2. Hi, Jeffer! I am Christine, a NF Volunteer Moderator. I understand your concern, and I have heard of the warnings about flax seeds. A quick search on PubMed regarding flax and adverse effects turned up some allergic reactions, and a study on cancer incidence in Lithuanian flax spinners and weavers (lower overall cancer incidence than general population), but little else. Perhaps you could contact the Swedish National Food Administration to inquire about the scientific basis for the warnings, and report back to us here? I wonder if there is some local are contamination issue? I am sorry I do not have a better answer to offer you. I will continue to research this myself. Thanks for bringing it to our attention!

    1. Hi, tom. I am Christine, a NF volunteer moderator. There are a couple of reasons for choosing flax seeds over flax seed oil. The first, is that there are likely a number of constituents of flax seeds that work with the oil synergistically to provide benefits, such as dietary fiber. The second is that the whole seed has antioxidants in it that keep the oils from becoming rancid. When removed from the seed, flax oil will oxidize and become rancid very quickly. I hope that helps!

  19. The swedish food administration advice that you should not eat milled flax seeds at all. According to them the cyanide that comes from the seed may make you sick. They say that they don’t know what the limit is so it’s the best to avoid it completely. This makes me wonder if it’s safe to start giving this to me and my family.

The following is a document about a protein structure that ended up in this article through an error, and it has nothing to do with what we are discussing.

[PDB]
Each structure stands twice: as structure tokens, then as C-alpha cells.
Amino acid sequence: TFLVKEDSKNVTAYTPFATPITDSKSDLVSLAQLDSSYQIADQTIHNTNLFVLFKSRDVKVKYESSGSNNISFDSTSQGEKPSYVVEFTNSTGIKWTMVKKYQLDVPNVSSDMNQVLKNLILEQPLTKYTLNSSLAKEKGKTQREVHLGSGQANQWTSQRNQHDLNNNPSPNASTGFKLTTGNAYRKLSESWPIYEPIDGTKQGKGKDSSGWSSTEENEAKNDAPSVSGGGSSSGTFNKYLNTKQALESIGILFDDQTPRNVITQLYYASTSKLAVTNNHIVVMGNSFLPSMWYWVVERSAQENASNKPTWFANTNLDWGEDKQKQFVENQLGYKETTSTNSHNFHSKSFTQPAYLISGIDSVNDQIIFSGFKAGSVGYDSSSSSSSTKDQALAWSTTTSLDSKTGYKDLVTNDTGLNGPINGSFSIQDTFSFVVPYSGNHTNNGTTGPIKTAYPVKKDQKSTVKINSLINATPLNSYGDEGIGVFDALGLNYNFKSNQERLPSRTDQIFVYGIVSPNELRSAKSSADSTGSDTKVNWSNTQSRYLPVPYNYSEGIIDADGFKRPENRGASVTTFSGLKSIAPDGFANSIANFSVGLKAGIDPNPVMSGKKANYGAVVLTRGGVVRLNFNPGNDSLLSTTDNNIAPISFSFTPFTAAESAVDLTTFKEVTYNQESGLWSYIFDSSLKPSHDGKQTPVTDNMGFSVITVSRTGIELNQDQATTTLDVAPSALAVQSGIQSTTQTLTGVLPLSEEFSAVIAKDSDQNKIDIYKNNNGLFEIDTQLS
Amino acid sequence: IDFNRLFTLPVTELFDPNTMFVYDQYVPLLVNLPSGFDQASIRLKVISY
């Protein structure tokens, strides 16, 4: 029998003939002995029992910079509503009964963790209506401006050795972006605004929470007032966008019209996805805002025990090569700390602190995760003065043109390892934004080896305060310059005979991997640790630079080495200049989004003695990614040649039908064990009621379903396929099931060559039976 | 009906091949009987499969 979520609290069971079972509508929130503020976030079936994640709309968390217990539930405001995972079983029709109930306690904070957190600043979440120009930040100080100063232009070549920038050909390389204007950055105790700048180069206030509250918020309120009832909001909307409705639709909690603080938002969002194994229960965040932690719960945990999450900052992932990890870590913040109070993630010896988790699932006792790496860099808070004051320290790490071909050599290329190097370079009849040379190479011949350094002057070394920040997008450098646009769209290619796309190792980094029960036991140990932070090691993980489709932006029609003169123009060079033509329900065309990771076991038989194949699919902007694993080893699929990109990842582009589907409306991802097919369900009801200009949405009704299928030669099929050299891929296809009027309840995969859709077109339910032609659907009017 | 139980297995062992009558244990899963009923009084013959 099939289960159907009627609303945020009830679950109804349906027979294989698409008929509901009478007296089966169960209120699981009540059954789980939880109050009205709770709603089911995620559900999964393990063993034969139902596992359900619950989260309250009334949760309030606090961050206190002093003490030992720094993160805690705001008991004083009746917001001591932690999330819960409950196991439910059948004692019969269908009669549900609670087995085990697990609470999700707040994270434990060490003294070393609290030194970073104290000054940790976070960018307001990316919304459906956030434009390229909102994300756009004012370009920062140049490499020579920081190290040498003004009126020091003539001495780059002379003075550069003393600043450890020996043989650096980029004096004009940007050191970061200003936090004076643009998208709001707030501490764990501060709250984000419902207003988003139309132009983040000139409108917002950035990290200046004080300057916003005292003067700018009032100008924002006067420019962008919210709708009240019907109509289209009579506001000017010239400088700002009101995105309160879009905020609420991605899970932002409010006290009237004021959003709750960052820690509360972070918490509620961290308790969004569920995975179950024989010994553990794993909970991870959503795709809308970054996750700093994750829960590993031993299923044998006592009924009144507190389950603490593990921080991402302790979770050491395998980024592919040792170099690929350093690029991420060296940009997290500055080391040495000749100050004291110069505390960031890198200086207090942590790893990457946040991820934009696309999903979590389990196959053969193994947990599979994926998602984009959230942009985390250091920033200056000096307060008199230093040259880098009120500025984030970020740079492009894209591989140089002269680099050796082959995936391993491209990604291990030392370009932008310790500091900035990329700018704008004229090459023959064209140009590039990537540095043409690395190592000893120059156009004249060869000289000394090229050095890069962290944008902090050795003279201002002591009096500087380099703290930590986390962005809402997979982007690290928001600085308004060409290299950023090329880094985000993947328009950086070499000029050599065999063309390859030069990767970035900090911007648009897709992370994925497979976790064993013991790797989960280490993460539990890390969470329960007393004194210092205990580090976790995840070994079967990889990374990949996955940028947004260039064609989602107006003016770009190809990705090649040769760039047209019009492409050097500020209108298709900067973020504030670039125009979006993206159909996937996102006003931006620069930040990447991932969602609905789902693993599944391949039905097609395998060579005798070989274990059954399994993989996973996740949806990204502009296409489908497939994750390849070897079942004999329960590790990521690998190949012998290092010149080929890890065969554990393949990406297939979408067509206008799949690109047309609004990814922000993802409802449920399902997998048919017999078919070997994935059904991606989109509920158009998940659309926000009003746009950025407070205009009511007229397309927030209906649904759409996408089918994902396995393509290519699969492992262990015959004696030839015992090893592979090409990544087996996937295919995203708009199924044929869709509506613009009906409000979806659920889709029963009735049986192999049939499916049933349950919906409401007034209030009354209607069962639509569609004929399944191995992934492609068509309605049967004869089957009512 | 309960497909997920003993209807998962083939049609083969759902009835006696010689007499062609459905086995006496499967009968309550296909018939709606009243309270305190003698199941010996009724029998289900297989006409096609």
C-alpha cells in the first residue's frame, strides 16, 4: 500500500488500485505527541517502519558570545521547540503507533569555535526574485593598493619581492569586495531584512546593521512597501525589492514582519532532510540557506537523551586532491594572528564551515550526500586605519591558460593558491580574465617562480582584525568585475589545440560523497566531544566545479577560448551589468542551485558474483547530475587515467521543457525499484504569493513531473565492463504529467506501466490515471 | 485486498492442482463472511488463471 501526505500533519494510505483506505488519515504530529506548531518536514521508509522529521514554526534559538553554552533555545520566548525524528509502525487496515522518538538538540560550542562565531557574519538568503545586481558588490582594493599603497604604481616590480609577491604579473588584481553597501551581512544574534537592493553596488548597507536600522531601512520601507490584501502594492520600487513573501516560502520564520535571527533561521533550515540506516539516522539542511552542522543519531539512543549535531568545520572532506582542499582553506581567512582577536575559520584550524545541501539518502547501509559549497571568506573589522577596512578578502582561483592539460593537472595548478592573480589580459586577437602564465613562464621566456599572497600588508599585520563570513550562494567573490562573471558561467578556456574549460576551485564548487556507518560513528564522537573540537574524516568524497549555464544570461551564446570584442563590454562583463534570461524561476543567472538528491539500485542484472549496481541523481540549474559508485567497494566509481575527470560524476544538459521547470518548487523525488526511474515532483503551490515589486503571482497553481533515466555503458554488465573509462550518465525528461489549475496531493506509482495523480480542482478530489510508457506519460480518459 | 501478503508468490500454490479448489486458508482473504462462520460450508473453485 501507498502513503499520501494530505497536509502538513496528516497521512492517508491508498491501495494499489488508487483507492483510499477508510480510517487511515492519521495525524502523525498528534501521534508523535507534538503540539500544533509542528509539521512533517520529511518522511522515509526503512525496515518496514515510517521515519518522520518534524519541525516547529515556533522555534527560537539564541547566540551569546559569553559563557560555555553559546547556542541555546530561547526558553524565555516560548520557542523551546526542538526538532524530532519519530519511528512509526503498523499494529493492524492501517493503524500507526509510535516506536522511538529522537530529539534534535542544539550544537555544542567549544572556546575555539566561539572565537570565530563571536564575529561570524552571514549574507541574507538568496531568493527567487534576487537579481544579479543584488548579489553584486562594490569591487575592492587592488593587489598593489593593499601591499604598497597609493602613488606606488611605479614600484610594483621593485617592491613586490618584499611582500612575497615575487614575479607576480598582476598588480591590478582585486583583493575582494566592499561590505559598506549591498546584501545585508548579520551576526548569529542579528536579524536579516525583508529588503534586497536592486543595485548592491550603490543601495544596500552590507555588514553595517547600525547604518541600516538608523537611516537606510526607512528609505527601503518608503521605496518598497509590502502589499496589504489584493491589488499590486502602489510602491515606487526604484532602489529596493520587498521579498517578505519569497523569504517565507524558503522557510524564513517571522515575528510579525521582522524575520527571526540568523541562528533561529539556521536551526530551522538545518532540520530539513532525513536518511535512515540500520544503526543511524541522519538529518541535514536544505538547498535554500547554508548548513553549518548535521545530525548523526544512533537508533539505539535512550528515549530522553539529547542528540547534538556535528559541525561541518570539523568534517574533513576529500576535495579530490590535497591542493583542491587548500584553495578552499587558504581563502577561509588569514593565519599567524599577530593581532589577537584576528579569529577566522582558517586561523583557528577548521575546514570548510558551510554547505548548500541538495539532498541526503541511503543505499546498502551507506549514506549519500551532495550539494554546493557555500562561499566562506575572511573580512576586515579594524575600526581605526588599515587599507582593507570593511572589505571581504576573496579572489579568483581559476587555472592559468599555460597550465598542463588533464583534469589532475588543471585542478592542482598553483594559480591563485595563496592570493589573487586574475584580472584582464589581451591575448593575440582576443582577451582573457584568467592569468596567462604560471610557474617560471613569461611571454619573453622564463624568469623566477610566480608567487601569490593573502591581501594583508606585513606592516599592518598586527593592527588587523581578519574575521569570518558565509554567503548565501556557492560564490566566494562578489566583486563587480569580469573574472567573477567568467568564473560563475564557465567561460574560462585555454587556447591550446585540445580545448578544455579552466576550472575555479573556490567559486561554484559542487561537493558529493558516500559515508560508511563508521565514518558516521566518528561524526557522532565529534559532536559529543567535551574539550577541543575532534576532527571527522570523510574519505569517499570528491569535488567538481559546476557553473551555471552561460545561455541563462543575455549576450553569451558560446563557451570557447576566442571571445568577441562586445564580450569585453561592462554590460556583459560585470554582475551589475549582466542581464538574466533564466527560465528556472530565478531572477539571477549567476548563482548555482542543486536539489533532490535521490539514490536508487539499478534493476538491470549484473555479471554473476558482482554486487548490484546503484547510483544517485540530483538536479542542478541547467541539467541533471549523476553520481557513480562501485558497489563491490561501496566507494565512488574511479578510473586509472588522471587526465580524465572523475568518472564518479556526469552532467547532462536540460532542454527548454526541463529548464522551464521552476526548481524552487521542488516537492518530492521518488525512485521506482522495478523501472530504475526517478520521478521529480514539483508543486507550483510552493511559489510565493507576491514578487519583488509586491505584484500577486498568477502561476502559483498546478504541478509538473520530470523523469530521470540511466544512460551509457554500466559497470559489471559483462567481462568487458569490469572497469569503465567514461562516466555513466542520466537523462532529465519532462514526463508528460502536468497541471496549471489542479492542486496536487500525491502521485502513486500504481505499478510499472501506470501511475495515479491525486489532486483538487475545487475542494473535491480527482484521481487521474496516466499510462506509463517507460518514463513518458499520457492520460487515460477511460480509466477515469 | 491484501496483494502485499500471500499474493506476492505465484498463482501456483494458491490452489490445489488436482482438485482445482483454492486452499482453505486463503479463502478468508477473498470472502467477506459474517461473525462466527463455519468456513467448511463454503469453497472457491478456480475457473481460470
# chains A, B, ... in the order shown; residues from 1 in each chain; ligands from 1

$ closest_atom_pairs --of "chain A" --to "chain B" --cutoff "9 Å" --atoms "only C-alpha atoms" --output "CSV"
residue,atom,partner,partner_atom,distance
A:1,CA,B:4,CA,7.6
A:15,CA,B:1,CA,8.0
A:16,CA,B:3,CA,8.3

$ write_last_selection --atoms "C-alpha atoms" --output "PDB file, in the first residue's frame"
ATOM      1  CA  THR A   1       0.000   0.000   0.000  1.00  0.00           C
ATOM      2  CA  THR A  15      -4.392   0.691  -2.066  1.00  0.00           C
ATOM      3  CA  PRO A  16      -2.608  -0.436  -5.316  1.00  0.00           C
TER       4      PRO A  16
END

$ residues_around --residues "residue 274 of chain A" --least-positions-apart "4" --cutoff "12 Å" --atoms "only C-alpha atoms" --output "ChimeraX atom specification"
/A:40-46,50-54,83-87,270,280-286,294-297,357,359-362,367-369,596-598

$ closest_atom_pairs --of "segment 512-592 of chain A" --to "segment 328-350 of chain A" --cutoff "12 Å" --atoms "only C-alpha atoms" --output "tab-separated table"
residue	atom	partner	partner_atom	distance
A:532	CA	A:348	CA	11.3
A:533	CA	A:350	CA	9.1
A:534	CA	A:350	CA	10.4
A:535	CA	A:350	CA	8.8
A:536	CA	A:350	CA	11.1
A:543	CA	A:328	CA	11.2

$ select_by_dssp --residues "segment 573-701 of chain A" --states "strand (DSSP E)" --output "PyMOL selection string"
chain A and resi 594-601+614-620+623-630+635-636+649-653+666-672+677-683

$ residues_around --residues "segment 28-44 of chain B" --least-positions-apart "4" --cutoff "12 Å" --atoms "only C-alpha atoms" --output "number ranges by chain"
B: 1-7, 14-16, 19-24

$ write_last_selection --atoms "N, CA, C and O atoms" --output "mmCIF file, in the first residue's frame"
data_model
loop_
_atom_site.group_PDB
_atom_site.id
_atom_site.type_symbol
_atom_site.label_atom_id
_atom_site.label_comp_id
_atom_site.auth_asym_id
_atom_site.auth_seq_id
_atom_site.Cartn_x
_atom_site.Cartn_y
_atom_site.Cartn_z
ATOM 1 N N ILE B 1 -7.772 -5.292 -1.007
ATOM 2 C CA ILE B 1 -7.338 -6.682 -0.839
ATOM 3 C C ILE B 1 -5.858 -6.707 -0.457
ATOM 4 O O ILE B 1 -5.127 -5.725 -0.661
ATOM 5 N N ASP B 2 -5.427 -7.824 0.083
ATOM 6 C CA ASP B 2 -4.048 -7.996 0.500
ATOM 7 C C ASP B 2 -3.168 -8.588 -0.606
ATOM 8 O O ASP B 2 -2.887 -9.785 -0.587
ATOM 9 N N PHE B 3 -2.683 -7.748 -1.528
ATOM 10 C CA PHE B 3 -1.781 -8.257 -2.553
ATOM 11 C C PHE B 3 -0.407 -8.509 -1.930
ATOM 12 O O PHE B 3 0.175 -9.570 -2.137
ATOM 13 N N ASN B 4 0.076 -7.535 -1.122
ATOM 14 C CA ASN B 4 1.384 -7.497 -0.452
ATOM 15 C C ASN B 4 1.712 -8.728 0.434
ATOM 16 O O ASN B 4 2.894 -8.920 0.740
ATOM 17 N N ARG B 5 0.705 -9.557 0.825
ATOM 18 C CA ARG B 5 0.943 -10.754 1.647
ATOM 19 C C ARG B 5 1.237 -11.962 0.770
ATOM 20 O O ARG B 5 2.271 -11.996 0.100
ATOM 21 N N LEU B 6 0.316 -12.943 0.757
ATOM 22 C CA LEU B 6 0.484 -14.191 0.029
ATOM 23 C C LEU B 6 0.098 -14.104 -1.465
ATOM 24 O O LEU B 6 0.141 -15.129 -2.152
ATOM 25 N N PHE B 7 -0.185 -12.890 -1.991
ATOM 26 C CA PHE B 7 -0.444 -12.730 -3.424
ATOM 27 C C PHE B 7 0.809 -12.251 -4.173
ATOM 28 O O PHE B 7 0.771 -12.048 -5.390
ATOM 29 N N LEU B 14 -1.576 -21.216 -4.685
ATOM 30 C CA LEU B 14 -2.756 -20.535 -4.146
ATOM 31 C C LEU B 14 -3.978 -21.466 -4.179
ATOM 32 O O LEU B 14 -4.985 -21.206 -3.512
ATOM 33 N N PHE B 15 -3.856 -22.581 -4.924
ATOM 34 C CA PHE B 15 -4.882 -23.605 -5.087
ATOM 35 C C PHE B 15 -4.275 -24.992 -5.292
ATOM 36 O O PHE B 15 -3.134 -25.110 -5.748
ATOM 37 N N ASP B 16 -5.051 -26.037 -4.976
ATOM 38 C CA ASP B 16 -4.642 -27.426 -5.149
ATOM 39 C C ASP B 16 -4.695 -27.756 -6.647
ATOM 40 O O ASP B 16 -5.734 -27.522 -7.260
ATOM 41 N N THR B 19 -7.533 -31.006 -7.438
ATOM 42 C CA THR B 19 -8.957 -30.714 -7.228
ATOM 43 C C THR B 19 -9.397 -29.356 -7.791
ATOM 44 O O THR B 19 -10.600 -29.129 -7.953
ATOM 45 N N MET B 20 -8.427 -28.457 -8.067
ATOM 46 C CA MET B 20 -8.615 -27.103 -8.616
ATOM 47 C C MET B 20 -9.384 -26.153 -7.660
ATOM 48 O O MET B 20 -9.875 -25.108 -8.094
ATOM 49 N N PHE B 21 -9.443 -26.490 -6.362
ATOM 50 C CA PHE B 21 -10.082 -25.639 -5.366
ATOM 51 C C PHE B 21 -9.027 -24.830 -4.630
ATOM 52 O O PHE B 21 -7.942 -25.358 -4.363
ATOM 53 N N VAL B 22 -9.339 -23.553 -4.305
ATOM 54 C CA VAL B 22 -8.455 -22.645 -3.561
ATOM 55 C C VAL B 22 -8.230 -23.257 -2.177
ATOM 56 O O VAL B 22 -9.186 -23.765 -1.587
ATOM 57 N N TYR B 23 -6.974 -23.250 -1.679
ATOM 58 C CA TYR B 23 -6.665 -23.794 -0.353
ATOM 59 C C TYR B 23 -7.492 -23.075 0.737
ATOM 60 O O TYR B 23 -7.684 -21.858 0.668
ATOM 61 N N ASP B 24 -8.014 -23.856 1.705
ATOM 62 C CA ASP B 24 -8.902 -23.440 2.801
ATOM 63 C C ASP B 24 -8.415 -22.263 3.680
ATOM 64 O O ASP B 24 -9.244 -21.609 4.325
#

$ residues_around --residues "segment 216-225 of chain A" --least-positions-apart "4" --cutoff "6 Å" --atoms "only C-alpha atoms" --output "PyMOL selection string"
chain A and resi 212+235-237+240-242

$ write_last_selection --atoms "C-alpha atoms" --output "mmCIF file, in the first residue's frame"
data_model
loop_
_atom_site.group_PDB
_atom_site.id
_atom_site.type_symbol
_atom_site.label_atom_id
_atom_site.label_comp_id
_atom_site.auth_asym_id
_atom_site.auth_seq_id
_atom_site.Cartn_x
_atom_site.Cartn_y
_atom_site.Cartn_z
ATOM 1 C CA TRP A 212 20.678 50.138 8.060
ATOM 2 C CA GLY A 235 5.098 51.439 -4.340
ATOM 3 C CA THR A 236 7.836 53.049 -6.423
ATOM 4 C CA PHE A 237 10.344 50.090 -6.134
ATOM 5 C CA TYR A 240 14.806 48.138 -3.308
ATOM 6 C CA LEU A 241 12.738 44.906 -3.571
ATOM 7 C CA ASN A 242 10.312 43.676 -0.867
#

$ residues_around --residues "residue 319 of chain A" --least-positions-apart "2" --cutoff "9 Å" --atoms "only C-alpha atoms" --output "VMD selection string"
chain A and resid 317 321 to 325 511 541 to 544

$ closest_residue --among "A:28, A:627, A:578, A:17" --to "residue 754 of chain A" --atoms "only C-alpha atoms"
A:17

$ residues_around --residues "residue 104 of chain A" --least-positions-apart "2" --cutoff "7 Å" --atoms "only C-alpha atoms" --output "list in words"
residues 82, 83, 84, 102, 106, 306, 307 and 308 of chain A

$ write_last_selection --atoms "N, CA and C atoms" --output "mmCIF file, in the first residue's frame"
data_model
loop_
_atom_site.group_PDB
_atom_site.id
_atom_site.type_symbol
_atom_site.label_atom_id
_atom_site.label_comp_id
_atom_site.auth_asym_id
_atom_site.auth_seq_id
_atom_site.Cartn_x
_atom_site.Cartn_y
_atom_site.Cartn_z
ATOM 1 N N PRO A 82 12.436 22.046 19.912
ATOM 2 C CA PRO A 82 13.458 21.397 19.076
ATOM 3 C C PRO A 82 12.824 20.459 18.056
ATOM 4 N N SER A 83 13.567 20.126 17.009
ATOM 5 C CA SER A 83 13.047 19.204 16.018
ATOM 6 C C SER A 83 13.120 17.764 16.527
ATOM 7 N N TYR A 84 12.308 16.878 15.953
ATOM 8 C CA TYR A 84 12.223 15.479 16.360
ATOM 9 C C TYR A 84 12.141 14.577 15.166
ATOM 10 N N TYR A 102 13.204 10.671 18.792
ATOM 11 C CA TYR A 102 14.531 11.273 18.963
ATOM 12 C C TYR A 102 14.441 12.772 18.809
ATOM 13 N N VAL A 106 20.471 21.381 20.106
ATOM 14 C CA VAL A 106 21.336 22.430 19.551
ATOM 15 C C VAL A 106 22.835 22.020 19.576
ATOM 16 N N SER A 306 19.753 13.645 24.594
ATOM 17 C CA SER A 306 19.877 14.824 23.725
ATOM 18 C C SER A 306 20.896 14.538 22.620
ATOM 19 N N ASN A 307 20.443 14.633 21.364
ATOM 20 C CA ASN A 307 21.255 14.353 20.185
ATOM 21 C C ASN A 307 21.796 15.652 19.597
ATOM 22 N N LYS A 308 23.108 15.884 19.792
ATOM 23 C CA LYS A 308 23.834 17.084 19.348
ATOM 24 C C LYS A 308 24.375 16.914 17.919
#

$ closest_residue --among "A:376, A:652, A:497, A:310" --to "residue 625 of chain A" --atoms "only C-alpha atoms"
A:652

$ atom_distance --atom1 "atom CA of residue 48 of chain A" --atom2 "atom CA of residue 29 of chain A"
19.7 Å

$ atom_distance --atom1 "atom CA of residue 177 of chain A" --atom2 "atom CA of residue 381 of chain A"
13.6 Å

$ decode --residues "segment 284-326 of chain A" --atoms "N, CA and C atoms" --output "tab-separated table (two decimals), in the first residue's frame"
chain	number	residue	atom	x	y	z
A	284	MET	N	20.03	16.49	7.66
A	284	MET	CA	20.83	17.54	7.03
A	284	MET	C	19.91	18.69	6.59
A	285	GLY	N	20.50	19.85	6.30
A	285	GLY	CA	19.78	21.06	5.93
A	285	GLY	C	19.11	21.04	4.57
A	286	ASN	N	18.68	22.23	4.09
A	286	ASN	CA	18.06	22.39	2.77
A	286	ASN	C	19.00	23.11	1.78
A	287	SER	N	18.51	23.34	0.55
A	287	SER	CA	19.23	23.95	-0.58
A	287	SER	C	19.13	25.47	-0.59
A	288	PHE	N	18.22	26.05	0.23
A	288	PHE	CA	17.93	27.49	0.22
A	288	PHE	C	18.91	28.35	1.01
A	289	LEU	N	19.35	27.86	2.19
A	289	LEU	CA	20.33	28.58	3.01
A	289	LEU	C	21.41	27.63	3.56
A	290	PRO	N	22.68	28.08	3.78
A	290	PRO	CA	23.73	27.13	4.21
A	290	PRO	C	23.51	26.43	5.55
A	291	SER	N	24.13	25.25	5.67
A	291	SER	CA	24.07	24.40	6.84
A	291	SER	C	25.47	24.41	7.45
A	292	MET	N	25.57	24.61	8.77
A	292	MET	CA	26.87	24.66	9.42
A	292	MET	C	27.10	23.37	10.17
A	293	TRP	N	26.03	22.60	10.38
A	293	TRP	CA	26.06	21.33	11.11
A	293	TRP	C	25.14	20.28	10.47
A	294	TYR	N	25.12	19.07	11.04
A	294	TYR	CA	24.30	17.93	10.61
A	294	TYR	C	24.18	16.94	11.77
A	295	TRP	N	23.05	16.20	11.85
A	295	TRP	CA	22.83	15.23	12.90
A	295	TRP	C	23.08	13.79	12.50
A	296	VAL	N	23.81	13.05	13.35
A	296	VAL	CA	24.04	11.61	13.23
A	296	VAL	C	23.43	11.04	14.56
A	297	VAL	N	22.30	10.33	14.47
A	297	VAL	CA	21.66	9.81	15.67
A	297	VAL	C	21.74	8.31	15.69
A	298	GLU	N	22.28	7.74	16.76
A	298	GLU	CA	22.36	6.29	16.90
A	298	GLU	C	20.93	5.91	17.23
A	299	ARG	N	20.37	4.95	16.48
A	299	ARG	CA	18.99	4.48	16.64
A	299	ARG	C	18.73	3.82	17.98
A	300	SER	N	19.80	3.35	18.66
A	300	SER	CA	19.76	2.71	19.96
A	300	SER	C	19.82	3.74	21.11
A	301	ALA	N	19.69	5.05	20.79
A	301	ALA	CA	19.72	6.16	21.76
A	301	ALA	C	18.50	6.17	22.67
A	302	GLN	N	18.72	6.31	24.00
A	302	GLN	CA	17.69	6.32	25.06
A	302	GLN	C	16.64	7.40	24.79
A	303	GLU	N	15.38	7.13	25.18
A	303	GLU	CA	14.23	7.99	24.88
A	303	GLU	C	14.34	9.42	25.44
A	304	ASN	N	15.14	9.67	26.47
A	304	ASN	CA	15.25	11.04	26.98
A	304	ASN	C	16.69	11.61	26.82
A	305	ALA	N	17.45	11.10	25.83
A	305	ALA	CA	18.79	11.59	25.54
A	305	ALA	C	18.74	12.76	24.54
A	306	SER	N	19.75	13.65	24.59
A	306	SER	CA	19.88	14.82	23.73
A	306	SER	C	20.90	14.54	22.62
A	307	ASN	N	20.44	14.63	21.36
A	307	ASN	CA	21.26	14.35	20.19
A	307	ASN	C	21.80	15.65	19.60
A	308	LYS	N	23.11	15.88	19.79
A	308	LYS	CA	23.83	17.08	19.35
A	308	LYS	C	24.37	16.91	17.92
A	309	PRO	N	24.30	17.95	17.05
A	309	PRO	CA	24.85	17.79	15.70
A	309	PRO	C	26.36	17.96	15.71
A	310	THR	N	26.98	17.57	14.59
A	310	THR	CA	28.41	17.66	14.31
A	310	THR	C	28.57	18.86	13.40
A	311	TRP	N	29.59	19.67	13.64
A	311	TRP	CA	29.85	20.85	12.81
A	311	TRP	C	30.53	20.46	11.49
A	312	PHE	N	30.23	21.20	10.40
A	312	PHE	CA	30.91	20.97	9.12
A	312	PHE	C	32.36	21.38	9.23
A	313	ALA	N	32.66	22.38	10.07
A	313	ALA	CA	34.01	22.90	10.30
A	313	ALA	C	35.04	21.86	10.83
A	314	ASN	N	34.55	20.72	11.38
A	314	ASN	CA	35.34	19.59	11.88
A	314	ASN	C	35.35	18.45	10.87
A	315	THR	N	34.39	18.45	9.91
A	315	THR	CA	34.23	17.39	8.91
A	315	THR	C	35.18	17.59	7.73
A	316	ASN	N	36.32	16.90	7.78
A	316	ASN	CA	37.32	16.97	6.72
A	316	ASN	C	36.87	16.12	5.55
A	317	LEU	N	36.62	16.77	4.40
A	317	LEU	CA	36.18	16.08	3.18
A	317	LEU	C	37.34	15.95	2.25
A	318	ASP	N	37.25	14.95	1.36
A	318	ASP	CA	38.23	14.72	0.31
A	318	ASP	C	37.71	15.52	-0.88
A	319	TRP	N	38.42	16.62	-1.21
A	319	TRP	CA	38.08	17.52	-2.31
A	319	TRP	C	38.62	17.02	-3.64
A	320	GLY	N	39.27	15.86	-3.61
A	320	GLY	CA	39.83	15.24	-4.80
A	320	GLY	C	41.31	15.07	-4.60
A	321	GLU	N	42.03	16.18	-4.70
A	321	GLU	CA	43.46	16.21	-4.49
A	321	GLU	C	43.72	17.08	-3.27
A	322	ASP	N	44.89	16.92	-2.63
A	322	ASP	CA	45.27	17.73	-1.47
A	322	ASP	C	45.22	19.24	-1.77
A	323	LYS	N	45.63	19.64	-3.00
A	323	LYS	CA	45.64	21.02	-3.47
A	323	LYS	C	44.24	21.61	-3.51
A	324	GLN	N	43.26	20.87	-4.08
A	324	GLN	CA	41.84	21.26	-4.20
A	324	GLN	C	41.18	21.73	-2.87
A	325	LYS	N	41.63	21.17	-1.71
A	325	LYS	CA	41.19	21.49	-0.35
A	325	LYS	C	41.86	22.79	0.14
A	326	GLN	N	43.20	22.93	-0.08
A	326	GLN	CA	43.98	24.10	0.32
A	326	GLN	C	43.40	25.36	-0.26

1. A FEW TABLESPOONS OF FLAXSEED

      Hello, everybody.

      I am new on this site. Wonder whether I can leave a question.
      “Ground flaxseeds, a few tablespoons a day, induced one of the most potent antihypertensive effects…”, it says in one of the above abstracts on this kind of food and hypertension treatment.
      But: How much is a few tablespoons?

      Thank you very much for your answers.
      Happy New Year.

      Rainer

    1. Hi, Mike!
      Dr. Greger’s Daily Dozen Checklist includes one tablespoon of ground flax seeds per day, in addition to a serving of nuts or other seeds. So one tablespoon is a good amount, however you could certainly have more than that. I couldn’t find any information on an established upper limit for flax.

  20. Thank You, I have been using about 3 table spoons per day for the last 3 months. I found one article that recommended a max of 5 table spoons per day.